Kansas Corn Farmer Shares Biotechnology Experience with Chinese Growers
Terry Vinduska, a corn farmer from Marion, KS, recently returned from an agricultural mission to northern China to discuss how US farmers use biotechnology and to learn about the needs of Chinese farmers. The mission was coordinated by USDA’s Foreign Agricultural Service (FAS) to bring two US farmers to China to build a dialogue about biotechnology. China has been slow to approve GMO corn, partially due to opposition by their farmers. While Chinese farmers are becoming more open to GMO corn as they learn the benefits, many misconceptions remain. Vinduska serves on the Kansas Corn Commission and is past-chairman of the US Grains Council. Grains Council staff also participated in the mission. In addition to farming, Vinduska’s experience as a seed dealer made him uniquely qualified for the mission.
The team visited Chinese farms and shared their experiences of growing GMO crops on their farms.
“We had a lot of discussions about biotechnology. They had a list of things they had been told about biotech crops that just aren’t true– that they are poisonous, that there are no insects in our fields,” Vinduska said. “I told them the corn is not poisonous and we have insects. They were just misinformed about GMOs. I told them we eat the corn from our field. We are grandparents and our children and grandchildren eat the corn. I wouldn’t allow that if it wasn’t safe.
Agriculture in China is changing, and farms are getting bigger, Vinduska said.
“About half of the farms are traditional Chinese farms, between one and three acres, where they do everything by hand,” Vinduska said. “And about half are government-owned or a by a cooperative where people in a village rent their land to the cooperative, and the co-op buys the machinery and raises the crop, and pays rent back to the landowner.”
Vinduska learned that Chinese farmers could benefit from biotechnology. They have significant problems with corn pests, weeds and herbicide resistance.
“They have a huge corn borer issue and they try to alleviate it with spraying. There is a real need for corn borer protection. They also have problems with herbicide resistance. They have to till the soil so much because they can’t get reliable weed control.”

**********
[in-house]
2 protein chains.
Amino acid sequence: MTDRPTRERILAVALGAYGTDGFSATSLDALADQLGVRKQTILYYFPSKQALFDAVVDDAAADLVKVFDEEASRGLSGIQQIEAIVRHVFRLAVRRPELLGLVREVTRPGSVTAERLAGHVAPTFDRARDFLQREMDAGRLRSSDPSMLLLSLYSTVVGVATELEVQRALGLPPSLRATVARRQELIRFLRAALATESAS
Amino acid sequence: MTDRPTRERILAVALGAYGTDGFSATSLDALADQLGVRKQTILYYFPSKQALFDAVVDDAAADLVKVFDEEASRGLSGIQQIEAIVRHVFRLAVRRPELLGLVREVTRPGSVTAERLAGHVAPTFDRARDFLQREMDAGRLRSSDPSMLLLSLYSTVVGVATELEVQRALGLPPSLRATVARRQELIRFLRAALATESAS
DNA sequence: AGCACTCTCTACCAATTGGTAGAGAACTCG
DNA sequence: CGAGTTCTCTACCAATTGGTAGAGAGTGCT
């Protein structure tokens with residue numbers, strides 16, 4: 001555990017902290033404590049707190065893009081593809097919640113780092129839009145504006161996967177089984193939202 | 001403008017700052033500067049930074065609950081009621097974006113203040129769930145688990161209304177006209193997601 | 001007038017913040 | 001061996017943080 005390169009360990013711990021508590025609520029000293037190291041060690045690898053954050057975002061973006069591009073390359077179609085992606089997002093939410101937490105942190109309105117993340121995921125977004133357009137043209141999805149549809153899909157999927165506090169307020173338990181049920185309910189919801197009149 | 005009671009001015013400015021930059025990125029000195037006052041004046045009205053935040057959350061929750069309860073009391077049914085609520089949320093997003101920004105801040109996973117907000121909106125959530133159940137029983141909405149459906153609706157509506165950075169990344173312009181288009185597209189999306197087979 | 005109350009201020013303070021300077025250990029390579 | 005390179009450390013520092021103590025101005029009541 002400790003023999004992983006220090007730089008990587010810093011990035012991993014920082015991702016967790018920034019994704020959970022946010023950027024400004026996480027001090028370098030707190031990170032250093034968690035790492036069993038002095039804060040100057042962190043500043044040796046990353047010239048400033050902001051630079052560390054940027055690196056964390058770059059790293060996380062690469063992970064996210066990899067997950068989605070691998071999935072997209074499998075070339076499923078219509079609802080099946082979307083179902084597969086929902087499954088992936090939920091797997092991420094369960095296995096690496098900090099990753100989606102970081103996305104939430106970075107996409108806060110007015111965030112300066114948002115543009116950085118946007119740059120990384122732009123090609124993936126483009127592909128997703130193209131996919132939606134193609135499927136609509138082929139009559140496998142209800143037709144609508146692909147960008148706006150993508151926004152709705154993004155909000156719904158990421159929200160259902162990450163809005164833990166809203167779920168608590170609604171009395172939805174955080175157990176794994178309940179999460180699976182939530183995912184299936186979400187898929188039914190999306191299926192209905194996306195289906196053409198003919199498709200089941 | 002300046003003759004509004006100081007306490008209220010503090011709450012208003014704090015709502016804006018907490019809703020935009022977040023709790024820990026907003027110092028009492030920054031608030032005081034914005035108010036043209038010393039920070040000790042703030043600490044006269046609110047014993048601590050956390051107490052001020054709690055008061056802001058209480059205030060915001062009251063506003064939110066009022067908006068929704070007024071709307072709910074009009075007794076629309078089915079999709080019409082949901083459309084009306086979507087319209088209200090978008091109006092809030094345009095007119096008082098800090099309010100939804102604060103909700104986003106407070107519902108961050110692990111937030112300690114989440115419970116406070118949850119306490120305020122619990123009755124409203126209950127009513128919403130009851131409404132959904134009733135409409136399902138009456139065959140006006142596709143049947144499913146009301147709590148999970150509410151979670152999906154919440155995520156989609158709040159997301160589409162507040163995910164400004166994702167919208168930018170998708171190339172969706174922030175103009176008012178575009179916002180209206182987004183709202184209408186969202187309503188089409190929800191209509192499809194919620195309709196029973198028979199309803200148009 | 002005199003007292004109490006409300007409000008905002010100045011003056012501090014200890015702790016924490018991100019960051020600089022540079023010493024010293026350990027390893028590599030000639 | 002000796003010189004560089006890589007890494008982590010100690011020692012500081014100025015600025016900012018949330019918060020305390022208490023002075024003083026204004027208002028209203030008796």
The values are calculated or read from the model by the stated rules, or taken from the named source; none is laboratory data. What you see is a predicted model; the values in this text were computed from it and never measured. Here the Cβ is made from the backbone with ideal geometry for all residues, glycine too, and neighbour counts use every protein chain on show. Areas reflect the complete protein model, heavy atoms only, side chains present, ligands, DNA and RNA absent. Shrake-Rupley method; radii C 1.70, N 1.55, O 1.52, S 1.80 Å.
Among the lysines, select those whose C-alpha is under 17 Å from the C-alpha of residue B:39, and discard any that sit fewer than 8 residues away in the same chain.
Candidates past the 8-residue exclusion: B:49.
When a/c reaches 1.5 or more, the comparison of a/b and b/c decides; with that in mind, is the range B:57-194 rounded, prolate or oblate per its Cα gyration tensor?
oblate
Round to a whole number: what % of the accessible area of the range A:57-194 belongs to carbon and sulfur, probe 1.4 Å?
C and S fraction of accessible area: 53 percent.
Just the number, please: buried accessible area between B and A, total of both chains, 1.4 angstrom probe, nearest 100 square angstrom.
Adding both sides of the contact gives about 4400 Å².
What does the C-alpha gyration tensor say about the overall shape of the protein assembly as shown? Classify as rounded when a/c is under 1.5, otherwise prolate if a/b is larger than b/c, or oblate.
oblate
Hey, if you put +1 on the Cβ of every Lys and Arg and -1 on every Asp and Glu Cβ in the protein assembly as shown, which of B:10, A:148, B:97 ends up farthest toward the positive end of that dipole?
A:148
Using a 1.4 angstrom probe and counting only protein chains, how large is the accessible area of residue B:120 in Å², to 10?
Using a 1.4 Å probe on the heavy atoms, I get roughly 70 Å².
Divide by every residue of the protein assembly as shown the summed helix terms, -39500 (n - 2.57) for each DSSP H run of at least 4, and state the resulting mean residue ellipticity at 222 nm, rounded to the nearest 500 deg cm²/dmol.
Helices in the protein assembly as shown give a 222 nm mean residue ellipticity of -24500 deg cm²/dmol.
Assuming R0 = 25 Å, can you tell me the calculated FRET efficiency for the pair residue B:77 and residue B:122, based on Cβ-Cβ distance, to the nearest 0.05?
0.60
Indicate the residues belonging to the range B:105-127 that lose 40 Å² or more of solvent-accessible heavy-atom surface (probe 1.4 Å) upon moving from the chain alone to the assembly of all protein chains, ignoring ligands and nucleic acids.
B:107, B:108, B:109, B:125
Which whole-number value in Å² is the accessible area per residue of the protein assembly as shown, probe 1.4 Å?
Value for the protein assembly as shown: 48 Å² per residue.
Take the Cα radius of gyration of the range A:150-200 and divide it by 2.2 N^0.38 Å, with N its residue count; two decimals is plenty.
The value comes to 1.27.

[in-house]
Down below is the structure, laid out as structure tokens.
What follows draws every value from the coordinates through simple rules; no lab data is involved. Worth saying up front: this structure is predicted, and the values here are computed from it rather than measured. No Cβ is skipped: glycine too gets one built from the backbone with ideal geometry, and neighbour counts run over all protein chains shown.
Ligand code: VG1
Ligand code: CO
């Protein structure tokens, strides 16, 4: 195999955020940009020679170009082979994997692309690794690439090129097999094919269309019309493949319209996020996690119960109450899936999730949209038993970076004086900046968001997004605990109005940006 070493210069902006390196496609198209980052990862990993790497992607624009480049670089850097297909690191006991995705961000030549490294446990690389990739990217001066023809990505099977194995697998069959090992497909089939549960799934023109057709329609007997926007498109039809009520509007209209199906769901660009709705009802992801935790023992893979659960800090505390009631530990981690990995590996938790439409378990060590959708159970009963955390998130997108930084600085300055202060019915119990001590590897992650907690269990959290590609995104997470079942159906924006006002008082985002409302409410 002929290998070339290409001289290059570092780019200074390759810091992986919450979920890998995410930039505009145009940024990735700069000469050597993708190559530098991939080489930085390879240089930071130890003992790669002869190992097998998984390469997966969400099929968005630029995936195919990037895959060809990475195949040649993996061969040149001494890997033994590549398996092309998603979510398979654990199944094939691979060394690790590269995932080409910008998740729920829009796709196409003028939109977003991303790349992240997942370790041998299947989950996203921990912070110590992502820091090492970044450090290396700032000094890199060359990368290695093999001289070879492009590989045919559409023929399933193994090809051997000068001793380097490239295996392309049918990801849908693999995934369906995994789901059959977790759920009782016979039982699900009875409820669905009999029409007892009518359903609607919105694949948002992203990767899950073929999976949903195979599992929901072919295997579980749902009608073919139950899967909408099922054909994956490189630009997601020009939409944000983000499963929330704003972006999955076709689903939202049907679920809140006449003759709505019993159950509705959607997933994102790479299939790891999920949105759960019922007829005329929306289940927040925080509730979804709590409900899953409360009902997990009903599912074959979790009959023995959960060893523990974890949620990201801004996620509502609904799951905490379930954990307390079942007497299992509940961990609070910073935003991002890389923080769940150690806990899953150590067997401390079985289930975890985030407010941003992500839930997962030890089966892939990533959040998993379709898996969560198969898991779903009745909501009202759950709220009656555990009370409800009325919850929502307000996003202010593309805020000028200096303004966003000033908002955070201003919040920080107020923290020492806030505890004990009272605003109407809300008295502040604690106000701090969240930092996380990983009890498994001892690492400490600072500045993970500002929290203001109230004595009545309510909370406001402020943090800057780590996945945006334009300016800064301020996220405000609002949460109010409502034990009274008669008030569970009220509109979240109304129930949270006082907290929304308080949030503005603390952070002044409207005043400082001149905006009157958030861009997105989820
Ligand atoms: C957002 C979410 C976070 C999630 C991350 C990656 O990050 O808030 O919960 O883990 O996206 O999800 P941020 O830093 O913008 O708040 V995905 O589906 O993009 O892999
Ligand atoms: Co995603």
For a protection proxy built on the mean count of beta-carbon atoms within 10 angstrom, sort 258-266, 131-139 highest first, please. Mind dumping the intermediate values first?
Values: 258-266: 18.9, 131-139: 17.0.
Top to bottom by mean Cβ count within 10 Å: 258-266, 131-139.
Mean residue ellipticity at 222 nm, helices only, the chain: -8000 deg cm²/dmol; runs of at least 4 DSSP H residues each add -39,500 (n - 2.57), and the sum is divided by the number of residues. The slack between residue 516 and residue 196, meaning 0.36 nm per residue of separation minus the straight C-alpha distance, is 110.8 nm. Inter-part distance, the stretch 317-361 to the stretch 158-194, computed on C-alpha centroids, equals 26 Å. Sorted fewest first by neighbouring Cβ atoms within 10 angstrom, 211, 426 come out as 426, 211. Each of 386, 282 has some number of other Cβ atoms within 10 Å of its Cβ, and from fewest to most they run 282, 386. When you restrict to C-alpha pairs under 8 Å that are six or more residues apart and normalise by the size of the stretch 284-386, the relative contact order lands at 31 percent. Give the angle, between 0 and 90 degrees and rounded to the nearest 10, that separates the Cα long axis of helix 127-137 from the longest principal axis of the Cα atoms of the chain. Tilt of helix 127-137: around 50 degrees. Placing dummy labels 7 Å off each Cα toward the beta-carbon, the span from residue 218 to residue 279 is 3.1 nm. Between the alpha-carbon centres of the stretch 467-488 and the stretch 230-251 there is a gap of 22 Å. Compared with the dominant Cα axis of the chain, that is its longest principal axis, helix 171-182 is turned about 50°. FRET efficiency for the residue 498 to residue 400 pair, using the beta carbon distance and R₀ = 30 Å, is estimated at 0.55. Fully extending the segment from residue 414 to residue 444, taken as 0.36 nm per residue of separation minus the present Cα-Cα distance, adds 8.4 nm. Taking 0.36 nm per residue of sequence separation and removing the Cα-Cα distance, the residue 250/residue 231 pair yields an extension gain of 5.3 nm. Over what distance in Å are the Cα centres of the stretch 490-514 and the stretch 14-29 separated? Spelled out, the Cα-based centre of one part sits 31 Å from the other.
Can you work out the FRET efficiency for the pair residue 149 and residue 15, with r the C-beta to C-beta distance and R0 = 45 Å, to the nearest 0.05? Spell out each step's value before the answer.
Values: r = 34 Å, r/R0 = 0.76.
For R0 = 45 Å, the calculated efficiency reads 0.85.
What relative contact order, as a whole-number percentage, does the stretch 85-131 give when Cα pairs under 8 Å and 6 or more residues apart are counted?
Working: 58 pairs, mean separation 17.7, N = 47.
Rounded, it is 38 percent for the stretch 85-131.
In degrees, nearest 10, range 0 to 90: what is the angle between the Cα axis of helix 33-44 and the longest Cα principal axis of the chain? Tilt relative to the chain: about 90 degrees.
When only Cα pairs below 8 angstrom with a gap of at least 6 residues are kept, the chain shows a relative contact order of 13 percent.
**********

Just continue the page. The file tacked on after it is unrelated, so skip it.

Vinduska said the large Chinese farms were modern, but also different than US farms.
“The government farms are fairly modern, even by US standards, but their farming practices were unique. They use a furrowing technique where machines make deep furrows about 40 inches apart and they plant two rows of corn on the ridges between the furrows. They run the furrowers two or three times a season. It requires a lot of labor and also machinery cost, but they are convinced minimum or no-till would not work in their area.”
There is good farmland and good corn production in China, he said.
“The soils are phenomenal in that area. They are raising good crops, in spite of their farming operations, in my opinion. For as far north as they are, they plant a very full maturity corn. They have comparable yields to us, but still lag behind areas like Iowa. The soybean grower who was with me is from northern South Dakota and is on the same latitude as the growers in northern China. He plants a 100-day corn and the Chinese farms plant a 115-day corn. The corn we saw on the Chinese farms was still very green, and they were supposed to get a frost the day after we left.”
Farms in that region harvest their corn very wet and then dry it with coal-powered dryers, he said.
The Kansas Corn Commission is a grower-funded, grower-governed organization that works to build the value of corn by investing a one cent per bushel checkoff in the areas of research, market development, promotion and education.